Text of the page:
Greek and Cypriot Republic flags across the separating green line from the Turkish and Turkish Cypriot flags in Nicosia, or Lefkosa, the capital city of Cyprus, which has been divided by a United Nations buffer zone since conflict broke out in 1974 between Greek Cypriots and Turkish Cypriots. Photo: AFP/Diego Cupolo/NurPhoto

While it has taken millions of years for the geology of the Eastern Mediterranean to give up some of its potentially most lucrative assets, it took only a few moments last month for the Turkish oil and gas drilling ship Fatih to set off an international crisis.

Back then, after spending several weeks at anchor, about 70 kilometers off the coast of Cyprus, the vessel – named after the Ottoman Turkish conqueror of Constantinople – started drilling into the seafloor, hundreds of meters below.

Its legal right to do so is hotly disputed, however, with the Fatih’s drill‑bit not only chewing through the rock and mud of the Eastern Mediterranean shelf, but also a delicate peace in these strategically vital waters.

The European Union has condemned the move as “illegal,” while the president of Cyprus has called the drilling “a second invasion” – likening it to the 1974 Turkish conquest of the northern third of the island.

Now too, in the seas off Cyprus, Turkish and Greek warships, as well as Turkish and international drill and survey ships, are present – on hand to enforce rival, overlapping claims to what might lie below.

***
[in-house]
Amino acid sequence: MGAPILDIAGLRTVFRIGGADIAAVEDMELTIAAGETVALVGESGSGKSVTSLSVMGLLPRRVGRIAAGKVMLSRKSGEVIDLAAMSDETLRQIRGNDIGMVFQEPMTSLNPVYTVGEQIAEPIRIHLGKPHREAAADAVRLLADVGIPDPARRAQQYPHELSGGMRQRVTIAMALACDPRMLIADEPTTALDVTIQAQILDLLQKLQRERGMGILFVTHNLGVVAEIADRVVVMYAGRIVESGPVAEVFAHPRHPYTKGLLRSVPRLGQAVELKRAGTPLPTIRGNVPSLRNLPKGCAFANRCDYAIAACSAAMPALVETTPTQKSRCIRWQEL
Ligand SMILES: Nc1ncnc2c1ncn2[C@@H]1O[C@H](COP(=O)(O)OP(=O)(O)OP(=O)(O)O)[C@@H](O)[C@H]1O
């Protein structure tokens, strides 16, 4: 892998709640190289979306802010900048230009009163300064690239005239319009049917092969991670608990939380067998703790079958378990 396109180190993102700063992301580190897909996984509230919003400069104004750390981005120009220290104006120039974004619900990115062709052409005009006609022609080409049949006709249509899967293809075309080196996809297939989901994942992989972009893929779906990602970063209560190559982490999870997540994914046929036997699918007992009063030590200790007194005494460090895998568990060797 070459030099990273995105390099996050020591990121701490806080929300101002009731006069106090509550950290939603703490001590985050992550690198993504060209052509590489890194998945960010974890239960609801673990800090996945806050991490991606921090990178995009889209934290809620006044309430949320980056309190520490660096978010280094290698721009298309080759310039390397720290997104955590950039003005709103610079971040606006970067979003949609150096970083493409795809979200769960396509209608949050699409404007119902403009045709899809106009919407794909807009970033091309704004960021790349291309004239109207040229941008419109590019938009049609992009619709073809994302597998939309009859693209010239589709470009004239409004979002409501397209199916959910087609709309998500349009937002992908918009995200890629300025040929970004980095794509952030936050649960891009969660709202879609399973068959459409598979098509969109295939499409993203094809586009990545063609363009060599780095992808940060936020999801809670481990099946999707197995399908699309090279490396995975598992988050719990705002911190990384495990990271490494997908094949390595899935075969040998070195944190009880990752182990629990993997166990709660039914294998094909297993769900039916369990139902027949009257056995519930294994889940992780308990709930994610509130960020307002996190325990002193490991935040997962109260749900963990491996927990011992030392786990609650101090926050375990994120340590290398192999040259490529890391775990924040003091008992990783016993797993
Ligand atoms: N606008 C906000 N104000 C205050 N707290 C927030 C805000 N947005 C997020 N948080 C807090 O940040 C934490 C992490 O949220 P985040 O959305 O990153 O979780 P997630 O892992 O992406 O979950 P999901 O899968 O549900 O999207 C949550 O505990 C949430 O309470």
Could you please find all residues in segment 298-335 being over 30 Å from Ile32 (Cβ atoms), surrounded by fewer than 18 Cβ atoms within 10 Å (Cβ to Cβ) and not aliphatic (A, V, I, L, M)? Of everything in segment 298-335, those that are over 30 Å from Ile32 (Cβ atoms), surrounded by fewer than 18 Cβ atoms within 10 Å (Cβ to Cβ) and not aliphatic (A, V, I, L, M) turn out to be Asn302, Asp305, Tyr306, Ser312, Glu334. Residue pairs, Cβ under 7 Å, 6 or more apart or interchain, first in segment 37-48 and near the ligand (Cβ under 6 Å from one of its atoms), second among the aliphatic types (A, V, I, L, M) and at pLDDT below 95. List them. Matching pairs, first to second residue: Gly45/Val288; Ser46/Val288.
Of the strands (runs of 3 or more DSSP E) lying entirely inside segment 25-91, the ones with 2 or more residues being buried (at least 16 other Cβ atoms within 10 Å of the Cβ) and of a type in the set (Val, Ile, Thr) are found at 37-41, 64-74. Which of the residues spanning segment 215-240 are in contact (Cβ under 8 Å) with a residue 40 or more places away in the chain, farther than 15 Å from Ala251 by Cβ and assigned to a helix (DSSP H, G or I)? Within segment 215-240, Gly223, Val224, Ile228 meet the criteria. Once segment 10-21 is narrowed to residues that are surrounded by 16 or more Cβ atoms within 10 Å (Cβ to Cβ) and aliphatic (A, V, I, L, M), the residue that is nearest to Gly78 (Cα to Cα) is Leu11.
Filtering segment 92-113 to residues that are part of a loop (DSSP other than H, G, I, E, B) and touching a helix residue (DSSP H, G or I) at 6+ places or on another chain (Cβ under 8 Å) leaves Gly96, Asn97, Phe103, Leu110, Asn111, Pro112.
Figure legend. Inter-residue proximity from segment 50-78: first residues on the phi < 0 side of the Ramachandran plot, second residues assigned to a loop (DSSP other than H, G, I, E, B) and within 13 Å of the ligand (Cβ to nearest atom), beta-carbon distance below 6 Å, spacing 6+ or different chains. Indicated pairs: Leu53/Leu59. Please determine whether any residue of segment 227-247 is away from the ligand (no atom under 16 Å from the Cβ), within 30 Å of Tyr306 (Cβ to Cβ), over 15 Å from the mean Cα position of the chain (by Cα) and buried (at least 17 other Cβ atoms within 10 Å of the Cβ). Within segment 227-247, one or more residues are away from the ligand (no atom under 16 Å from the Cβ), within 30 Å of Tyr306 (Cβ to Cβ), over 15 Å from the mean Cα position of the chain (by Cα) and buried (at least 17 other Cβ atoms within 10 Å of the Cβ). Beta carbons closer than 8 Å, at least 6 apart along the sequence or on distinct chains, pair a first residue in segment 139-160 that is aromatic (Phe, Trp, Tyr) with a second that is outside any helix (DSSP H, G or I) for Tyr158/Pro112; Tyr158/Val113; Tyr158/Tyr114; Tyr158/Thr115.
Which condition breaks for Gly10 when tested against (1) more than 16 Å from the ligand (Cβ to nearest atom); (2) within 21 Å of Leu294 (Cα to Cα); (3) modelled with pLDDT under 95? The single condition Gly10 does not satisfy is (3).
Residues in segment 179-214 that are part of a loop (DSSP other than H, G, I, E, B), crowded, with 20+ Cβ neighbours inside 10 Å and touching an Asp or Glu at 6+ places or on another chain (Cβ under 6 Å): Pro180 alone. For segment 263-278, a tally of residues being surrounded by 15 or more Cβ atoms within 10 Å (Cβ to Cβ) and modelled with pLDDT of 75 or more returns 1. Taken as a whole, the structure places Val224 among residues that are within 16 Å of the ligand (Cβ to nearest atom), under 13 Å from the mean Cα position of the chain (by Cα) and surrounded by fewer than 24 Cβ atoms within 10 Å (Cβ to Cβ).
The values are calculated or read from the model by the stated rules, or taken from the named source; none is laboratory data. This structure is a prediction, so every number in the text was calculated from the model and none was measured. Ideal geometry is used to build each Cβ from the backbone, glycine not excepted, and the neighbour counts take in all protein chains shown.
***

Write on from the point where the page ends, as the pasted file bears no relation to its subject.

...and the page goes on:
Meanwhile, the US, Russia and the UK all have military assets and interests in these waters, which are also bounded by Egypt, the Gaza Strip, Israel, Lebanon and Syria.

“There needs to be a dialogue, fast,” says the respected Turkish Cypriot journalist and commentator Esra Aygin. “Unless this happens and some kind of agreement can be reached, the tensions are just going to keep rising. It’s scary.”

Tangled web

Those tensions have been rising ever since US oil company Nobel Energy discovered significant natural gas deposits, about 150km to the south of the island, back in December 2011.

Known as the Aphrodite field, these deposits lie within the 200km Exclusive Economic Zone (EEZ) claimed by the government of the Greek Cypriot-dominated Republic of Cyprus (ROC).

The ROC government has since also invited more international oil and gas companies to explore other parts of its EEZ. These have included Italy’s ENI, France’s Total and a partnership between the US’ ExxonMobil and Qatar Petroleum.